Section 614(d) -INDIVIDUALIZED EDUCATION PROGRAMS -- IDEA-97 continues to state familiar provisions regarding the need to develop and periodically review and revise the student's IEP. However, the statutory language contains new provisions related to the content of the IEPs, the conduct of IEP meetings and the required participants of the IEP Team. These changes take effect on July 1, 1998. The U.S. Office of Special Education Programs (OSEP) has advised us that any IEPs developed during 1997-98 for services to be provided in 1998-99, must meet the new requirements as of July 1, 1998. Therefore, school districts should be aware of the new requirements and begin implementation during this transition year. We are preparing guidance on the conduct of IEP meetings and the development of the IEP, and will distribute it during this school year. We will discuss the IEP requirements in more detail in October when we provide regional training sessions on the special education requirements under IDEA-97.

IDEA-97 emphasizes the Team's responsibility to consider the least restrictive environment appropriate for the student, and to provide for the student's access to the general curriculum. We recommend that school districts take steps to ensure that special education staff are familiar with the Massachusetts curriculum frameworks and the learning standards contained in them as well as specific academic standards adopted by the school district.


Section 615(k) --PLACEMENT IN ALTERNATIVE EDUCATIONAL SETTING -- IDEA-97 contains detailed and prescriptive language relating to discipline (suspension/expulsion) of students with disabilities, including procedural requirements and standards for placement in an alternative educational setting. A copy of Section 615 (k) is attached to this advisory. This section of the federal law is effective immediately, and we recommend that you review it carefully. The Office of Special Education Programs of the U.S. Department of Education plans to issue guidance to state education officials in September on implementation of the new IDEA-97 provisions on discipline of students with disabilities. We will provide that information to Massachusetts school officials. In the meantime, please note these highlights:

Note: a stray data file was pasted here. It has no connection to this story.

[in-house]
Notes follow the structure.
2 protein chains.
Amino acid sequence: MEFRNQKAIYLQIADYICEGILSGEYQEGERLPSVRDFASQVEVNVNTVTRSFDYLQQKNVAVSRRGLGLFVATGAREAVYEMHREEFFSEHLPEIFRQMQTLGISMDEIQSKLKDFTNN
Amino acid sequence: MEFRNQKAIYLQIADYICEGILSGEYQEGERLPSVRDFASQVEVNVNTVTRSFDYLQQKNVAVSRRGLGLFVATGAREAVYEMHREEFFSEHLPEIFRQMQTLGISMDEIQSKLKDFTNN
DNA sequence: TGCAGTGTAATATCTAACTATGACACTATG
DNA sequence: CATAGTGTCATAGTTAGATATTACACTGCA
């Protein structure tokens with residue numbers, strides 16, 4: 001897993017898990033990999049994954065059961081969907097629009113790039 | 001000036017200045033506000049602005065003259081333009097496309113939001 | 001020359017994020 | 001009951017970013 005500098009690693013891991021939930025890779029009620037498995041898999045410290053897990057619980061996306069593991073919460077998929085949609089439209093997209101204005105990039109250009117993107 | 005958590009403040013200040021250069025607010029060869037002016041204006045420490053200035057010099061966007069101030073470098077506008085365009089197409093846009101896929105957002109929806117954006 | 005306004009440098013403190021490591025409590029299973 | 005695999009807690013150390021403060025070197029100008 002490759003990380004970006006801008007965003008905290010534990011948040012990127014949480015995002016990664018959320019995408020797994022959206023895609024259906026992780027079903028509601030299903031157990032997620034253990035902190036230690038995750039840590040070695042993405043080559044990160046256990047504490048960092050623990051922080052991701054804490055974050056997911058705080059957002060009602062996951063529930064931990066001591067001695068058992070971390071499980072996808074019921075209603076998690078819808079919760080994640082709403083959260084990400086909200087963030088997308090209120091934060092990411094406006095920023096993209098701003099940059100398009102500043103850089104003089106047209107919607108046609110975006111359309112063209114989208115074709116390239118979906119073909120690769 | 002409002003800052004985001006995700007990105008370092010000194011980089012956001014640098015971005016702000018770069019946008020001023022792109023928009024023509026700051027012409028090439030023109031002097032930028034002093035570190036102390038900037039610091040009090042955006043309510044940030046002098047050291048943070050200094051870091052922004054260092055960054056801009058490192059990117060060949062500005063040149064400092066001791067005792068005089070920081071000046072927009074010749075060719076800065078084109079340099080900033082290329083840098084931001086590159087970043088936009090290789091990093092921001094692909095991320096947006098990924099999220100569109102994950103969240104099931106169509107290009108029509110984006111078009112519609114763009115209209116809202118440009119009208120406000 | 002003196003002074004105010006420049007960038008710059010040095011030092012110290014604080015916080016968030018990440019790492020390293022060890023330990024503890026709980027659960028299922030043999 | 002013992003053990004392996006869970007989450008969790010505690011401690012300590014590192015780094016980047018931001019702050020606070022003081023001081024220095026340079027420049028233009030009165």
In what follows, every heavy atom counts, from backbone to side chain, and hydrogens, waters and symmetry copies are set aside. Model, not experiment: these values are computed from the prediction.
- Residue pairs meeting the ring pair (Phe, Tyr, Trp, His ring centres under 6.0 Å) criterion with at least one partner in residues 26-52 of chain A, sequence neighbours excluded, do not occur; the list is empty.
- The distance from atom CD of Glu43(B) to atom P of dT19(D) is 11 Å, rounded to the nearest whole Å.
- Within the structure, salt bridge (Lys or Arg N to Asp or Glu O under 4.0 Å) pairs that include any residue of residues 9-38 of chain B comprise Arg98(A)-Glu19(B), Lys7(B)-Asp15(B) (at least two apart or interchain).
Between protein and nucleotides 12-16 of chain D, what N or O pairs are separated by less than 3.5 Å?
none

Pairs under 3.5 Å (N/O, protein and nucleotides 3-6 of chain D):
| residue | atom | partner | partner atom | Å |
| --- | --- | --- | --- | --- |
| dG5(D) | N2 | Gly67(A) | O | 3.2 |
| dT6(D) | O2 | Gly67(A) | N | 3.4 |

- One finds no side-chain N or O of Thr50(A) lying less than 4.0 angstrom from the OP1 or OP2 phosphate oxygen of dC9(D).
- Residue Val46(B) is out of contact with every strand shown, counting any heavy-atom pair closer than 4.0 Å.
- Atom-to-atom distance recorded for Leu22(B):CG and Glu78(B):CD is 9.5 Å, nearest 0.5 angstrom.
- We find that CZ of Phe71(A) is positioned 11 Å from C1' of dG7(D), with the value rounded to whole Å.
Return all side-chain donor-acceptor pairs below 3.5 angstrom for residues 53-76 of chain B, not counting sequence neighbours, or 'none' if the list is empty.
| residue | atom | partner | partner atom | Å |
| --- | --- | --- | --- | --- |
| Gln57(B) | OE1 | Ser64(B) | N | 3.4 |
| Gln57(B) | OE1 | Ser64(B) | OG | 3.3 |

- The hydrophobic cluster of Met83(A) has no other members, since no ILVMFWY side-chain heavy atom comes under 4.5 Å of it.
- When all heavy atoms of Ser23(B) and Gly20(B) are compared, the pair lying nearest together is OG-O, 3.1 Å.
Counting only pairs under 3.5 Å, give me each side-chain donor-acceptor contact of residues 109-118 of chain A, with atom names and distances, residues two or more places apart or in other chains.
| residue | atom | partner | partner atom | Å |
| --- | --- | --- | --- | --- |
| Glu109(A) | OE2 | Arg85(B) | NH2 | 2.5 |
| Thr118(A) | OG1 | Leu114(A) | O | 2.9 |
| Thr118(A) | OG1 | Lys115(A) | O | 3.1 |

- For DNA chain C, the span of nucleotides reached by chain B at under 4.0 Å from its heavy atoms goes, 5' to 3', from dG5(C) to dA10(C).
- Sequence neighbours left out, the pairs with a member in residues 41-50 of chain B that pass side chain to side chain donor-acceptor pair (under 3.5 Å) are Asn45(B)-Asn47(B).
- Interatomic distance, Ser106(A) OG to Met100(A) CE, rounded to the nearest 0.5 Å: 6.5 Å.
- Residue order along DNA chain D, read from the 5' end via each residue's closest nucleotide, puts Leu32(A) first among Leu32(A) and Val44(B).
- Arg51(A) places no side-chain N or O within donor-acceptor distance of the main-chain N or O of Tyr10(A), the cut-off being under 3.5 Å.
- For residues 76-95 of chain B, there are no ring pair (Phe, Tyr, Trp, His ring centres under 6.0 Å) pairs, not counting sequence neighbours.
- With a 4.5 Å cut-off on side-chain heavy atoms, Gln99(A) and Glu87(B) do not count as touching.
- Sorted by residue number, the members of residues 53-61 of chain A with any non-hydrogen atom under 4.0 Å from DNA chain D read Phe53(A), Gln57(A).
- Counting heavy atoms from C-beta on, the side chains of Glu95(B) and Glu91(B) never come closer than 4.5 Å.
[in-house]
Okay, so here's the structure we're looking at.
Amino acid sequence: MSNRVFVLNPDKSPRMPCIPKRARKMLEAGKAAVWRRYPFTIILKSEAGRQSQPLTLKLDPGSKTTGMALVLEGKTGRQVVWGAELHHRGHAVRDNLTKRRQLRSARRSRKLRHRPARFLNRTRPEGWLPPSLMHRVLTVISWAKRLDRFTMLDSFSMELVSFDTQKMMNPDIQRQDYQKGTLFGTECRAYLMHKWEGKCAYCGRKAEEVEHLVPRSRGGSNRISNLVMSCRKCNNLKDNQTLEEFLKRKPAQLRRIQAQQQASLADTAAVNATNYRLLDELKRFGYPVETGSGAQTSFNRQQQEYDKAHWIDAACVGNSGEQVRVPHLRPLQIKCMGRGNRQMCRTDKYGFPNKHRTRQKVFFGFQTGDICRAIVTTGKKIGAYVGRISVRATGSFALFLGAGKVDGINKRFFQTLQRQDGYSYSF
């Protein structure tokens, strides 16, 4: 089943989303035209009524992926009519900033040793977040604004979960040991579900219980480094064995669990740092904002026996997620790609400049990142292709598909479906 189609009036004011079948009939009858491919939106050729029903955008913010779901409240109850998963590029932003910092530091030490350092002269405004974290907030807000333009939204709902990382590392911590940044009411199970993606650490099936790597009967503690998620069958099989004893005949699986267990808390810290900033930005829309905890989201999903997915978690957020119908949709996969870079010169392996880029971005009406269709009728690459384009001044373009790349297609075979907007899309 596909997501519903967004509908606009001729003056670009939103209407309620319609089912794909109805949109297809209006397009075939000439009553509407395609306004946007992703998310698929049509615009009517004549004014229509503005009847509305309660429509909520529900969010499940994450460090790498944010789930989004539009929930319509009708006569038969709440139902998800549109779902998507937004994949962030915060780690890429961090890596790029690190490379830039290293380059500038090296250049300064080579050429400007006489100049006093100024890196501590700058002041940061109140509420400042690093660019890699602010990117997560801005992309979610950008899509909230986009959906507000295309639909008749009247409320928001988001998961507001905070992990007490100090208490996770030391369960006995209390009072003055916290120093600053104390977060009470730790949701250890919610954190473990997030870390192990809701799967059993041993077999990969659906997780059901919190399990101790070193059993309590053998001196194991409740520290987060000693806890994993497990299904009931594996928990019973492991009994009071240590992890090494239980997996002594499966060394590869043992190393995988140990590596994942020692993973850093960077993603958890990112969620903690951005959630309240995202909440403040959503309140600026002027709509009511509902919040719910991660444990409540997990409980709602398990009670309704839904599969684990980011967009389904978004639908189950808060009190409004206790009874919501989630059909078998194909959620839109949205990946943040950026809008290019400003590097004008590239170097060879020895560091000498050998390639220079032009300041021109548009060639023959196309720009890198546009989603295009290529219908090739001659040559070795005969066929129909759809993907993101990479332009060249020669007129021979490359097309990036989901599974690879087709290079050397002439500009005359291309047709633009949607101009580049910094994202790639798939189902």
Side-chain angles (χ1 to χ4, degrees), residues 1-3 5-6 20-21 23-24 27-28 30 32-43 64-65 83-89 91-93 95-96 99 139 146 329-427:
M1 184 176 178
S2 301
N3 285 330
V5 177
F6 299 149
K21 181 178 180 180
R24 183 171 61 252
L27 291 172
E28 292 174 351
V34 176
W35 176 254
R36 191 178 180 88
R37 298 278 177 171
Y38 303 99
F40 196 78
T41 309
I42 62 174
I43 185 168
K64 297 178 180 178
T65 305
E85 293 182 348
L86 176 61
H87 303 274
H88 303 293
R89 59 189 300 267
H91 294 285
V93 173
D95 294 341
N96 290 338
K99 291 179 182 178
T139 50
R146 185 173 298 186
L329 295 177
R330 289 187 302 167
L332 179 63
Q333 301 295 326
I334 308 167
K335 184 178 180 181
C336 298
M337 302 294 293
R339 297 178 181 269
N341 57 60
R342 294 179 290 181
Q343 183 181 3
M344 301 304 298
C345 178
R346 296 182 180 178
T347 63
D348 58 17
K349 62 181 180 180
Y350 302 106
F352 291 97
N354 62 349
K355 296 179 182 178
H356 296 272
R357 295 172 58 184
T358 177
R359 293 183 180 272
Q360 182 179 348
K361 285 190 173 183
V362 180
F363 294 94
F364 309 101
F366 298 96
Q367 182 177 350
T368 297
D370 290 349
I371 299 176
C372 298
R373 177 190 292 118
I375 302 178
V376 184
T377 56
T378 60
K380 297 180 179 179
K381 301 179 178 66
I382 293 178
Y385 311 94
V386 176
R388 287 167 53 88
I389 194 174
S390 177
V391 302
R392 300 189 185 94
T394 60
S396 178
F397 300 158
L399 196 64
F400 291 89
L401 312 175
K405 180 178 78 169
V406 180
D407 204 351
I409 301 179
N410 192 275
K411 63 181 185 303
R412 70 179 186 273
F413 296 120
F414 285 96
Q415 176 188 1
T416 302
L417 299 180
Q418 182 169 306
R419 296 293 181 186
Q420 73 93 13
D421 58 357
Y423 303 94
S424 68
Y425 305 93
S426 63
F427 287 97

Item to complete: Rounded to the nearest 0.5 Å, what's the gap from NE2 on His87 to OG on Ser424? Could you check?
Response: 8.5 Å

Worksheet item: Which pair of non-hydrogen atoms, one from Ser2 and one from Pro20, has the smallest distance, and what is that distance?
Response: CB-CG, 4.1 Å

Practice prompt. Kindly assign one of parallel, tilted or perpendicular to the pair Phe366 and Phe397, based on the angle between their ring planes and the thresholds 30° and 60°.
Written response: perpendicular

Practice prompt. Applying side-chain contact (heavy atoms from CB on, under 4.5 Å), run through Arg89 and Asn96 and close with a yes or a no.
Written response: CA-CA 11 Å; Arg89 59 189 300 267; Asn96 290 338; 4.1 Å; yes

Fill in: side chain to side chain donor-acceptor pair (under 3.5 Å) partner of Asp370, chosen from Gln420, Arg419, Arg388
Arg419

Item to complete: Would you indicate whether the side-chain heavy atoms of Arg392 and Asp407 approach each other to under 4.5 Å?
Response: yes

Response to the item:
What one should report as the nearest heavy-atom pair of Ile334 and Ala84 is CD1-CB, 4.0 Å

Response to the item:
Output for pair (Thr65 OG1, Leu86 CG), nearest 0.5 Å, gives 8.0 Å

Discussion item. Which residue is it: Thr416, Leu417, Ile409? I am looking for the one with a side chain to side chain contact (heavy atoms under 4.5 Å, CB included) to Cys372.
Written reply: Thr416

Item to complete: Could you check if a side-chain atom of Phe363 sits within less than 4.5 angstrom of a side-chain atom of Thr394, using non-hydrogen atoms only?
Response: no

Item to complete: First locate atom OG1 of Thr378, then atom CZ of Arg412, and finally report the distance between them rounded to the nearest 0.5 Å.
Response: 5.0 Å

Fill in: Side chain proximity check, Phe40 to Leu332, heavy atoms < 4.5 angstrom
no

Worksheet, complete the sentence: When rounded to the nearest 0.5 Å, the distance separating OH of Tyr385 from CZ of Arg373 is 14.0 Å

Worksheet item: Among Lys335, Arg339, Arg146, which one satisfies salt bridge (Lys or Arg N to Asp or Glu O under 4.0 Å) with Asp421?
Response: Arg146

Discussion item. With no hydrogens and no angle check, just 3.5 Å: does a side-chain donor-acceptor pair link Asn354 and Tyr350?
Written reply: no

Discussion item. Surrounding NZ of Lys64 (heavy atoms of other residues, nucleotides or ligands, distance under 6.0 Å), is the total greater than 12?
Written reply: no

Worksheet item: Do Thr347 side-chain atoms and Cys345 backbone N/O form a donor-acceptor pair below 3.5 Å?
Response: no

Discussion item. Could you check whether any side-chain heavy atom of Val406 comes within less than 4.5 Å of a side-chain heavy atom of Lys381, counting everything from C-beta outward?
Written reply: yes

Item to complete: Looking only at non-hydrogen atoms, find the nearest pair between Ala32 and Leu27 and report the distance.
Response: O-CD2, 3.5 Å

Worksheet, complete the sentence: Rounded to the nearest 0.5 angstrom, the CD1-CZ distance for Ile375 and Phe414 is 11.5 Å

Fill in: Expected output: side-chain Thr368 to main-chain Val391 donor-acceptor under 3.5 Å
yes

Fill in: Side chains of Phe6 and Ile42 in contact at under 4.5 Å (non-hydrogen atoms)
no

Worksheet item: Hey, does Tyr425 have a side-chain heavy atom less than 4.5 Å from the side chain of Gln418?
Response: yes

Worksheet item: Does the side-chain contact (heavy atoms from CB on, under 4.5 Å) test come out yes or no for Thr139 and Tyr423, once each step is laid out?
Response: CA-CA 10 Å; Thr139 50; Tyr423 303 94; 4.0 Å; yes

(1) Continuation of services: Section 612(a)(1) states explicitly that a free appropriate public education must be provided to all children with disabilities of ages 3 through 21, "including children with disabilities who have been suspended or expelled from school." This means that although school districts may suspend students with disabilities for violations of the school discipline code (in accordance with the procedures and standards in Section 615(k)), a student who is excluded from the school setting must still be provided a free appropriate public education during the period of exclusion, whether or not the student's infraction was related to his or her disability. Unless we are advised otherwise by OSEP we understand this continuation requirement to apply only to students who are excluded for more than ten (10) days.